In many ways this is a standard spy thriller. But mostly what it is is a set of brilliant character studies showing the impact of this event on the lives of all those involved. It’s also a highly intelligent twist on The Railway Children where we see the story from the adults’ side, and an entirely credible portrayal of a fictionalised version of the Cambridge spy ring. Great stuff!

Click to see the full review

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three martini lunchThree-Martini Lunch by Suzanne Rindell

It’s 1958, and Greenwich Village is the centre of the hipster scene, populated by aspiring poets and writers. The three main characters take turns to narrate their own stories: Eden, determined to make it in the male-dominated world of publishing; rich boy Cliff, who is pretty sure he just needs a break to make it big as a writer; and Miles, who has real talent as a writer, but as a black man must face the discrimination that is an integral part of the society of the time. When their lives intersect, a chain of events is started that will change the course of their lives.

Rindell has the gift of creating truthful characters with individual voices, and of putting them into settings that feel totally authentic. Her scene-setting is superb – she brings the Village to life in all its seedy vibrancy. A great new talent – one to watch.

Click to see the full review

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zero kZero K by Don DeLillo

This is a strange book that takes one of the clichés of science fiction – cryogenics – and turns it into something that is either incomprehensible or profoundly thought-provoking, depending on how willing the reader is to play along. However, behind the cliché, a distinctly unsettling atmosphere of unease soon begins to seep out of the pages, as the narrator wanders alone through the silence of the cryogenics facility, down long corridors full of doors with nothing to indicate what is behind them. At the end of some of the corridors are viewscreens, showing increasingly horrific images of disaster, destruction and death. It’s an exploration of identity, and of the importance of death in how we define and measure life. From a shaky beginning, I grew to love it, for the writing, the imagery and the intelligence of it.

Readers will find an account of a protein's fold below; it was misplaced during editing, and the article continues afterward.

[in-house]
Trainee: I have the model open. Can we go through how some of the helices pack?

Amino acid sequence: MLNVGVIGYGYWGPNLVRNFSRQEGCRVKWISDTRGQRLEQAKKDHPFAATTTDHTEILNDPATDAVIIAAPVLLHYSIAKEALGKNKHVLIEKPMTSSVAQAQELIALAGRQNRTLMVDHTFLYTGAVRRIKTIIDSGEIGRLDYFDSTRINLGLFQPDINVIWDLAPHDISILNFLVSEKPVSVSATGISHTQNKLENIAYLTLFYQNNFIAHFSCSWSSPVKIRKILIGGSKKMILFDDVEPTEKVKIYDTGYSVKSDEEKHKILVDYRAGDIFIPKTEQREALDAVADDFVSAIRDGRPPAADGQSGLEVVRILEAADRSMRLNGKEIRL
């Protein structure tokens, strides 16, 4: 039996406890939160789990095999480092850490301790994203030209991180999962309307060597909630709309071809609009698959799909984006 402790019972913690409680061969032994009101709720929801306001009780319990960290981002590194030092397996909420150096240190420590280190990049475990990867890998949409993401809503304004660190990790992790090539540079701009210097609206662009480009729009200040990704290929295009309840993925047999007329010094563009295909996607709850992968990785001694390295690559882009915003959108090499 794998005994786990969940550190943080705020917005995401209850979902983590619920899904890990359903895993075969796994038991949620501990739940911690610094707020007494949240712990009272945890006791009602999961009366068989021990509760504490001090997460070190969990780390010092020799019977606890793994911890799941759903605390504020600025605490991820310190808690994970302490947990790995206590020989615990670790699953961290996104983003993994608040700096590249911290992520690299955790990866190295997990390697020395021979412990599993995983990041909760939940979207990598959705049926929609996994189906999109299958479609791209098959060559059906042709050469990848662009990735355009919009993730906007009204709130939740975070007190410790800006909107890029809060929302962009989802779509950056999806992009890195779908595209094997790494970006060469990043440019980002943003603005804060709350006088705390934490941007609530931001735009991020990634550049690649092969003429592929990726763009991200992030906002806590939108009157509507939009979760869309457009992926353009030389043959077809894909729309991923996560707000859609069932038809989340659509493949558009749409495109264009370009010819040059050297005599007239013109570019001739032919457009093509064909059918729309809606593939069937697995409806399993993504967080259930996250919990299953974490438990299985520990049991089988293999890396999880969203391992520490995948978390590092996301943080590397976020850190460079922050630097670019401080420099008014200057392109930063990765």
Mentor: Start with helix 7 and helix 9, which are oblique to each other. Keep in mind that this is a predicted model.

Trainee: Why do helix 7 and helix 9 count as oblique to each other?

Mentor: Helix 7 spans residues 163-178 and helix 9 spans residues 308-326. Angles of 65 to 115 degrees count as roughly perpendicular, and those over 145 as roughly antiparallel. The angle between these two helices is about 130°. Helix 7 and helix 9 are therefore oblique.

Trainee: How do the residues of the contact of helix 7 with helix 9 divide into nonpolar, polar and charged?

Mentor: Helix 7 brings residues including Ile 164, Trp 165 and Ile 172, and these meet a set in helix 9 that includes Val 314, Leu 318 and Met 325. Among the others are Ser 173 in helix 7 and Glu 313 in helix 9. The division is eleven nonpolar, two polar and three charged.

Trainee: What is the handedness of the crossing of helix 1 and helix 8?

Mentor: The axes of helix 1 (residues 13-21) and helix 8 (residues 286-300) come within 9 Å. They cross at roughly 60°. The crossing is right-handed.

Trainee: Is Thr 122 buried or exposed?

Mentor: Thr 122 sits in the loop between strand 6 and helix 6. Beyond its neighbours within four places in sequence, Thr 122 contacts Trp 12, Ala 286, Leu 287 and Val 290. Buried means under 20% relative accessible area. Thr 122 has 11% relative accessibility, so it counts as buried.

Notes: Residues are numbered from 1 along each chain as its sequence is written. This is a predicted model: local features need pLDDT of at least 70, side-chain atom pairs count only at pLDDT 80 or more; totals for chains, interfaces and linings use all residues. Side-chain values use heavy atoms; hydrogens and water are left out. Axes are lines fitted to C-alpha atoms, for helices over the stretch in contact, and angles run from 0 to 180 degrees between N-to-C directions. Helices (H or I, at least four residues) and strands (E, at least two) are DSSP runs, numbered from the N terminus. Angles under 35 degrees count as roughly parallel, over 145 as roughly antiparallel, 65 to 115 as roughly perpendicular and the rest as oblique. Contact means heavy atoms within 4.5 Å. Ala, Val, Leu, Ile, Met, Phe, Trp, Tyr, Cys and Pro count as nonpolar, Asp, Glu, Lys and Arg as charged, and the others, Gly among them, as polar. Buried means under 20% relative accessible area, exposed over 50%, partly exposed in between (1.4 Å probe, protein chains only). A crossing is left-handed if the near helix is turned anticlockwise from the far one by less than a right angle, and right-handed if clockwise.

Click to see the full review

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enigma 2Enigma by Robert Harris

It’s 1943, and the Allies rely on the shipping convoys from the US to keep their battered countries fed and munitioned. The tide has been flowing in the Allies favour since the German Enigma codes were broken at Bletchley Park. But now the Germans have changed the U-boat code, threatening not only individual convoys but the entire defeat of the Allied forces. Tom Jericho, hailed as one of the most brilliant codebreakers, is on a break, suffering from a combination of stress, overwork and a broken heart over a girl named Claire. But with this new threat, despite his fragile health, he’s urgently needed back in Bletchley. And when he gets there, he discovers Claire is missing…